Both have done great work at their respective clubs within a short period of time. Mourinho, the two times Champions League winner, is obviously a high profile figure and his struggles this season with Chelsea has been well documented in the media than probably any other under-fire manager in the league.
Never before in the history of the league have the defending champions fared this miserably after their first 12 games. Seven defeats already, 16th in the table, three points above the relegation zone, and 23 goals conceded – could it be worse?
Chelsea’s trigger happy owner Roman Abramovich has surprisingly backed Mourinho to deliver. The Chelsea fans have displayed their full support too. But for how long? He will be judged on the basis of results, and results only. And this is where Chelsea have struggled beyond expectations.
No other defending champions have shown such supine reactions against adversity. The team is bereft of confidence and it doesn’t look like Mourinho can fix the problems overnight.
Instead of going back to the drawing board and doing the basics right, Mourinho has unnecessarily put the club on the back foot with his non-stop antics.
It has reached a point where his recurrent feuds with the FA and the refs seems nothing but puerile jokes, and his constant attempt in making others believe in the “conspiracy theory against Chelsea” has turned into a butt of ridicule. Nobody takes his opinion as words of wisdom, nor are his press conferences entertaining any more.
Unless the results improve dramatically, or rather miraculously, it’s not long before we see his days at Chelsea coming to an abrupt end.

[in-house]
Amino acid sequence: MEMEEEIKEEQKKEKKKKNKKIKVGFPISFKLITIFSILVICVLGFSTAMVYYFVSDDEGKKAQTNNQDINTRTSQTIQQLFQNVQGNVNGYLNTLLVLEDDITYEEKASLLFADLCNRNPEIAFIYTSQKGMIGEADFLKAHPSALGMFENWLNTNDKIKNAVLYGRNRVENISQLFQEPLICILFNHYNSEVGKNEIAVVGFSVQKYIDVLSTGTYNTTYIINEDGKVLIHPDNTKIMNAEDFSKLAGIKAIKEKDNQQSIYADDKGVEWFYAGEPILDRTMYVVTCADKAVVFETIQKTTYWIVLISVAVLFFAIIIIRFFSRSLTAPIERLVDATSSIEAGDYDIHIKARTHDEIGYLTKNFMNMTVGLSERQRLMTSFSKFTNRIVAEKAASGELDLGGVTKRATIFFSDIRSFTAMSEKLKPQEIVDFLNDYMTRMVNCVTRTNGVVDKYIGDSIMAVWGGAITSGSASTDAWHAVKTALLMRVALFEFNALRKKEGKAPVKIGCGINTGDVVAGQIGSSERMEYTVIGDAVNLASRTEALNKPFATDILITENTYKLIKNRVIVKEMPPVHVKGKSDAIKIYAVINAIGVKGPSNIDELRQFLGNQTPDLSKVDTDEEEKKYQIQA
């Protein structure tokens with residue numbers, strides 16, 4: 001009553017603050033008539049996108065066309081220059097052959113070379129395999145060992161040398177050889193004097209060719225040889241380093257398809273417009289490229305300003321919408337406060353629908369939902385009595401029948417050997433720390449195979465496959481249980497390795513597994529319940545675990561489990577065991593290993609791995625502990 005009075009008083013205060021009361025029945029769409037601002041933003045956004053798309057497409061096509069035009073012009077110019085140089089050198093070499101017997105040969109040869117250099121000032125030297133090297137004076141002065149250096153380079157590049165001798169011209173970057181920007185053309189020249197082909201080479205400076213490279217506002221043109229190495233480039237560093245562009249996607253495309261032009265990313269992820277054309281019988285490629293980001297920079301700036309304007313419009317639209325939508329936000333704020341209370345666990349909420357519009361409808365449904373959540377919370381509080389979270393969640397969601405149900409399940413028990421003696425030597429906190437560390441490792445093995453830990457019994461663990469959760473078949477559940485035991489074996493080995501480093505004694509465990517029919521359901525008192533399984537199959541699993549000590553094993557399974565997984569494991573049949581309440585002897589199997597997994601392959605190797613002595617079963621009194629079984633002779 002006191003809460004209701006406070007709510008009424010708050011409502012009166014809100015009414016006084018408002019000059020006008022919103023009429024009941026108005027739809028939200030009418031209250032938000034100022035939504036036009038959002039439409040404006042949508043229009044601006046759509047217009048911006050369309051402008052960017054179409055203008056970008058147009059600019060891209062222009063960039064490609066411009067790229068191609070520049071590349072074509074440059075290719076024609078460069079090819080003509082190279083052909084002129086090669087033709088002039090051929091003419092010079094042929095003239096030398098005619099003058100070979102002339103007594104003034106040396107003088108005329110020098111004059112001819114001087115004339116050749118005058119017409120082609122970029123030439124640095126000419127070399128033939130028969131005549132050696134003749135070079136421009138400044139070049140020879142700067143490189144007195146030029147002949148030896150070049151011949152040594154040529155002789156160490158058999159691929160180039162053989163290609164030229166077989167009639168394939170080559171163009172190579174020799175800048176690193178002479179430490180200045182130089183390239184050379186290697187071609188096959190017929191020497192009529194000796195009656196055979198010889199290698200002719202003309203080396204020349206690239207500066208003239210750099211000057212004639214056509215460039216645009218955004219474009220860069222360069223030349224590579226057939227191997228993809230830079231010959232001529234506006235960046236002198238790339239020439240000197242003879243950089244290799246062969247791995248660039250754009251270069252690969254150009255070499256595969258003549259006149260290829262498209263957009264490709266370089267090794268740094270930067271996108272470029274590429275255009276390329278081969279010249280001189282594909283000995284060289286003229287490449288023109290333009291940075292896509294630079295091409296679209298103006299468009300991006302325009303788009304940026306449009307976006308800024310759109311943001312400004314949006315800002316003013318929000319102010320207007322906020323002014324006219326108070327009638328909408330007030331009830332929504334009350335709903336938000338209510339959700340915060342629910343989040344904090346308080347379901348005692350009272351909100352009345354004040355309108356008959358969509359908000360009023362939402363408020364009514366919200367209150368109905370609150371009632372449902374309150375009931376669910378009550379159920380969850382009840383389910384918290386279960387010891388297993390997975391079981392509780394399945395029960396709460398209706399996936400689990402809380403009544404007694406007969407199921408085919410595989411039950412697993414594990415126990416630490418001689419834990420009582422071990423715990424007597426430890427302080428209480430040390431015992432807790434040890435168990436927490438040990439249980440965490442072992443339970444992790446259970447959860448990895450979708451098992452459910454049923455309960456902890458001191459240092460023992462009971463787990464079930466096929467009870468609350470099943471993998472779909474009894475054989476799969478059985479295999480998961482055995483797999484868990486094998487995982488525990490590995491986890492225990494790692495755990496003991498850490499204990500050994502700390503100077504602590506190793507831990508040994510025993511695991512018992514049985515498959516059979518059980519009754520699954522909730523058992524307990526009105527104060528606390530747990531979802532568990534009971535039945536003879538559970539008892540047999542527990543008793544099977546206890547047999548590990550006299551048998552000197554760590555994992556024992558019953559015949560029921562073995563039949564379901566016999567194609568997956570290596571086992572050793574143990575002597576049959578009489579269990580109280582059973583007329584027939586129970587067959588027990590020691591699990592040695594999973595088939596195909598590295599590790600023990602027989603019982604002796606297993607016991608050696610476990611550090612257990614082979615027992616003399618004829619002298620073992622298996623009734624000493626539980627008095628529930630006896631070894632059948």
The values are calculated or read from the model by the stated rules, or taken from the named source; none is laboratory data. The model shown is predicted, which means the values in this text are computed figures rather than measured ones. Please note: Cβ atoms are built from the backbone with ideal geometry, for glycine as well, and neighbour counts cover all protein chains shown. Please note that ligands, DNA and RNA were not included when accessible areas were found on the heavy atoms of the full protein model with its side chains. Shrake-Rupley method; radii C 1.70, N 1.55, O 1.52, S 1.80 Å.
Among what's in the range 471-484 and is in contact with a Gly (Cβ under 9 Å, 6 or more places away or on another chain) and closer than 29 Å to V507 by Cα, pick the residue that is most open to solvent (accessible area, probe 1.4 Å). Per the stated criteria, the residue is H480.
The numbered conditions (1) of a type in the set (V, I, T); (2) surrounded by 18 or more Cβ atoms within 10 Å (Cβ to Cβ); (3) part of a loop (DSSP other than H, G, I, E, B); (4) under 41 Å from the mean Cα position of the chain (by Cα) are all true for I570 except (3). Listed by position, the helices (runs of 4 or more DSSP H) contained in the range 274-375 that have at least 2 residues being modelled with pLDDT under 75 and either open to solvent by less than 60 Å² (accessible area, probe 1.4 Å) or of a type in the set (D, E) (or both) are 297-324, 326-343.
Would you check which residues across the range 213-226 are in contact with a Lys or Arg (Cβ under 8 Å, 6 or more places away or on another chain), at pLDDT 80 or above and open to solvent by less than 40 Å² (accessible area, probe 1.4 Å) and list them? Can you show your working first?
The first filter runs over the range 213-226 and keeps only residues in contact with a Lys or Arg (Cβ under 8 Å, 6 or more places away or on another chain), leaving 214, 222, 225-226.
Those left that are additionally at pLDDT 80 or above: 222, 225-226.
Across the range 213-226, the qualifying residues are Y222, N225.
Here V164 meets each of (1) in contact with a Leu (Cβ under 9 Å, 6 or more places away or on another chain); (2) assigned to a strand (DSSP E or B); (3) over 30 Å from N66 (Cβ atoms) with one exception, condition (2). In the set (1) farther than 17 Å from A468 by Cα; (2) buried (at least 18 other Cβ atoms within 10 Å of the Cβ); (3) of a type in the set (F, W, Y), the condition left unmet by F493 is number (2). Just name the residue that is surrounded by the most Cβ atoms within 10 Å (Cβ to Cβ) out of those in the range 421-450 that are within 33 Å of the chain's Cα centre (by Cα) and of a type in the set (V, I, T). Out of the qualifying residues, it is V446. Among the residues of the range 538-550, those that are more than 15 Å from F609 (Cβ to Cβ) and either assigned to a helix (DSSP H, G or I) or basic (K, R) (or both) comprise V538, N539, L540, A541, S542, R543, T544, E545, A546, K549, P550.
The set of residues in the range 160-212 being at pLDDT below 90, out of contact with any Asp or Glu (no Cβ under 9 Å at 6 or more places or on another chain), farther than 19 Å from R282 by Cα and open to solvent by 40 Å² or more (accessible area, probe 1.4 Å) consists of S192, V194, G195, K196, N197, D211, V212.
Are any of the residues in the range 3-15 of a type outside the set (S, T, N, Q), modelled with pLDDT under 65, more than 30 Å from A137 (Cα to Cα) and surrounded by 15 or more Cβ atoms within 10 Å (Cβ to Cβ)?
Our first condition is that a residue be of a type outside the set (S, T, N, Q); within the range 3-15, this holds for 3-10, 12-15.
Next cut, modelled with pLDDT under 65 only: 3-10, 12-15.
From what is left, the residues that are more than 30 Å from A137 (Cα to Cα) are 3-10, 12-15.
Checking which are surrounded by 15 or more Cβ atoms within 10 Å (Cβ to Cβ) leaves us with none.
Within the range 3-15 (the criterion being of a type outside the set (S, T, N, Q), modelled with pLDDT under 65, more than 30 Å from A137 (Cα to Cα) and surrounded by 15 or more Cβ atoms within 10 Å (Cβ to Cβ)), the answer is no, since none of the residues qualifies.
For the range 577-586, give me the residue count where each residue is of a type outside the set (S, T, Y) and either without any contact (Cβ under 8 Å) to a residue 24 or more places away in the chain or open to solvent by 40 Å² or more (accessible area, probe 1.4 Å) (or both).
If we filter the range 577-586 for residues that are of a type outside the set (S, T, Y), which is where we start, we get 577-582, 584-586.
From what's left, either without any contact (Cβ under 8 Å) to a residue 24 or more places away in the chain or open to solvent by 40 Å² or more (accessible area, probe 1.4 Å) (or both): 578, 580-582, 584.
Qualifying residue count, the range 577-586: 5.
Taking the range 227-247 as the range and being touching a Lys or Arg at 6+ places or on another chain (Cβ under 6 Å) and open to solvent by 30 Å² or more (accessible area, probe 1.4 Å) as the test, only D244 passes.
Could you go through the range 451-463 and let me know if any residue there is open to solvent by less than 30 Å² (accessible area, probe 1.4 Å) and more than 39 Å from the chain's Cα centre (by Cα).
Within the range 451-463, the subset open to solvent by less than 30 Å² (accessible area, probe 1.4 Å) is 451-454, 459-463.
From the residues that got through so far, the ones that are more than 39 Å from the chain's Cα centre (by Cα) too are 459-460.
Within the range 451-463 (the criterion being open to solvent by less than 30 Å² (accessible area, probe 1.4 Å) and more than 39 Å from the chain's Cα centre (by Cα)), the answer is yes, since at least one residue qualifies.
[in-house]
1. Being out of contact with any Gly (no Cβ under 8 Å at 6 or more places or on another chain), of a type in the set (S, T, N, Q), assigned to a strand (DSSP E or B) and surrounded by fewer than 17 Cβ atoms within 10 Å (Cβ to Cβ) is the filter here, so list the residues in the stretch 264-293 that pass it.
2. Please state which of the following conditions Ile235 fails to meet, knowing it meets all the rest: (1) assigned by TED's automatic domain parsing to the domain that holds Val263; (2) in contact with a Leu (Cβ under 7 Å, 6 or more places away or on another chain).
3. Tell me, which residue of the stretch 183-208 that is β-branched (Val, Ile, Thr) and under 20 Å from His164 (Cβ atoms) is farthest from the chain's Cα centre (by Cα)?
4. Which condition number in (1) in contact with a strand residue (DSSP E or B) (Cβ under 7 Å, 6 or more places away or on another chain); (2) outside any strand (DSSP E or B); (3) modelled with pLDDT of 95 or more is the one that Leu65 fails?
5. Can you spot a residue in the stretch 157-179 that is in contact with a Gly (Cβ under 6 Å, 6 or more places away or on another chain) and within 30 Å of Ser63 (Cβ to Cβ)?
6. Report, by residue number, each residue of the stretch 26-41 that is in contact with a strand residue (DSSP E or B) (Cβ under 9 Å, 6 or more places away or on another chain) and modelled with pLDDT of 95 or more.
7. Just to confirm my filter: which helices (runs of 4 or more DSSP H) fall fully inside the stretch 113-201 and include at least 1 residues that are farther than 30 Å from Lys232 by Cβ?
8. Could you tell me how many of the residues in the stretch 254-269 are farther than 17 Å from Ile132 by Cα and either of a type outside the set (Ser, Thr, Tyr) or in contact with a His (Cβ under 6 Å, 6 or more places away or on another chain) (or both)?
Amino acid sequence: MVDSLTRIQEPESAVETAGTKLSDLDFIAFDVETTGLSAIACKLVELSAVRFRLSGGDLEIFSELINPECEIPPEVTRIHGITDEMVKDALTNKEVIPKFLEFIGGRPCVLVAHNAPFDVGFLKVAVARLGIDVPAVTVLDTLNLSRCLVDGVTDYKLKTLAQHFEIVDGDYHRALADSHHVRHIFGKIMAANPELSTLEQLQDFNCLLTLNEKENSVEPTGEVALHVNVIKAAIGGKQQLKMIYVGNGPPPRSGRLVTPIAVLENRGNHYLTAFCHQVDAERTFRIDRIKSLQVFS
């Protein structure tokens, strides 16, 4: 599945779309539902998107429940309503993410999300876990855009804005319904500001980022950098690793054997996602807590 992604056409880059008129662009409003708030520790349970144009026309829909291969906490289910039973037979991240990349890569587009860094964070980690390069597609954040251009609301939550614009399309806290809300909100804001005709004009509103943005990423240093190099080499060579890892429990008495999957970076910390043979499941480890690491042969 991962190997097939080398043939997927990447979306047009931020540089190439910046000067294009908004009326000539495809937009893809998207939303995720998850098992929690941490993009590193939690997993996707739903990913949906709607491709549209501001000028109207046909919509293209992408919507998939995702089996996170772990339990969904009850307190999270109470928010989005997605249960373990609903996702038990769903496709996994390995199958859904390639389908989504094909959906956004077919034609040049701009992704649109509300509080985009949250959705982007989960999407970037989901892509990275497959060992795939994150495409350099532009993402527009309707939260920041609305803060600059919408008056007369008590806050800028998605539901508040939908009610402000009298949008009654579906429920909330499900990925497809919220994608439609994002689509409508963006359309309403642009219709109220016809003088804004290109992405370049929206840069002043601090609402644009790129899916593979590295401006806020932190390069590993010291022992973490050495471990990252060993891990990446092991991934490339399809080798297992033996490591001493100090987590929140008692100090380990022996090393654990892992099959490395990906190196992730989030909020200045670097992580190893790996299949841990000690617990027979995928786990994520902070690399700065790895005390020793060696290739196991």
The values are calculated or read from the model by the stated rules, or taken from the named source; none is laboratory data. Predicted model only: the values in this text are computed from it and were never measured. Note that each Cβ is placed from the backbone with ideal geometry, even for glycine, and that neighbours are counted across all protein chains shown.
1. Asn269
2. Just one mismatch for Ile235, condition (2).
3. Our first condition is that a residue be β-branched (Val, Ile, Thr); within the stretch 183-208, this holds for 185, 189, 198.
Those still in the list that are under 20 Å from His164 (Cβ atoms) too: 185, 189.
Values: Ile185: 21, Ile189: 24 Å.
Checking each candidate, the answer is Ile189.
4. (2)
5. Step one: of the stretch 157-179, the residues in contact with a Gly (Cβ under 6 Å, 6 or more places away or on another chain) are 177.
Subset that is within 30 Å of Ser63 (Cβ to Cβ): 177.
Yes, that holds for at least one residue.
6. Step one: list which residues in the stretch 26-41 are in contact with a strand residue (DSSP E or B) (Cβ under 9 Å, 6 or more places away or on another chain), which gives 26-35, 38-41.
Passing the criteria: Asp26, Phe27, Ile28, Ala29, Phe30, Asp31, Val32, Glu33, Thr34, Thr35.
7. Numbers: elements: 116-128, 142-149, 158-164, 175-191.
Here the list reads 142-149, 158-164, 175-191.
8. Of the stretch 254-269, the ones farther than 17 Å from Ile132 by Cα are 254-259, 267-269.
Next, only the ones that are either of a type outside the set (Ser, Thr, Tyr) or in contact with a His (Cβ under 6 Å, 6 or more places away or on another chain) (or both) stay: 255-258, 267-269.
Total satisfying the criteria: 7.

On the end of the spectrum, there is this shy, suave, and a serious manager, who is somehow struggling to take his team out of the mire.
Monk was tasked with the onerous burden of carrying the good works done by his predecessors Sousa, Martinez, Rodgers, Laudrup et al. And he did a remarkable job. Up until this point.
With one win in last eight games, Swansea board members are reportedly frustrated with Monk and want to dispense with his services at the earliest. Worryingly, along with the results, the performances have dropped too.
It can happen to any side, the question is can Monk turn it around? Rather more fittingly will Monk be given time to tun it around? The Swansea chairman thinks Monk’s inexperience has cost them during their slide over the last two months.
The problem is Monk doesn’t want any external help that the board is ready to provide him. The Swansea board want to bring in a director-of-football type figure above Monk, but the young manager has rejected such ideas because he felt it would have undermined his position. To be fair, not many managers are comfortable working under a DOF. But like Mourinho, he will be judged on the basis of results, and the fans’ sympathy (being a former player and club hero) hardly holds any value.
My colleague Soccerlens’ writer Sai notes in his Premier League observation column that it will be ridiculous to sack Monk before January.
The Swansea manager has done a remarkable job since taking over and a few months of poor form should not influence a rash decision.
There are rumours that Monk might be on his way out of Swansea soon, but the former Swansea player deserves this season and a bit of financial backing in January.
Swansea have an impressive core of players who are going through a rough patch. Eventually they will bounce back and Monk is more than capable of turning it around.
Can the same be said about Mourinho? Well, depending on the results over the next one month, both could be relieved from their duties. Both are deserving candidates for the sack; only in case of Monk, he still gets the benefit of doubt and a bucketload of sympathy from the media and the Swansea fans.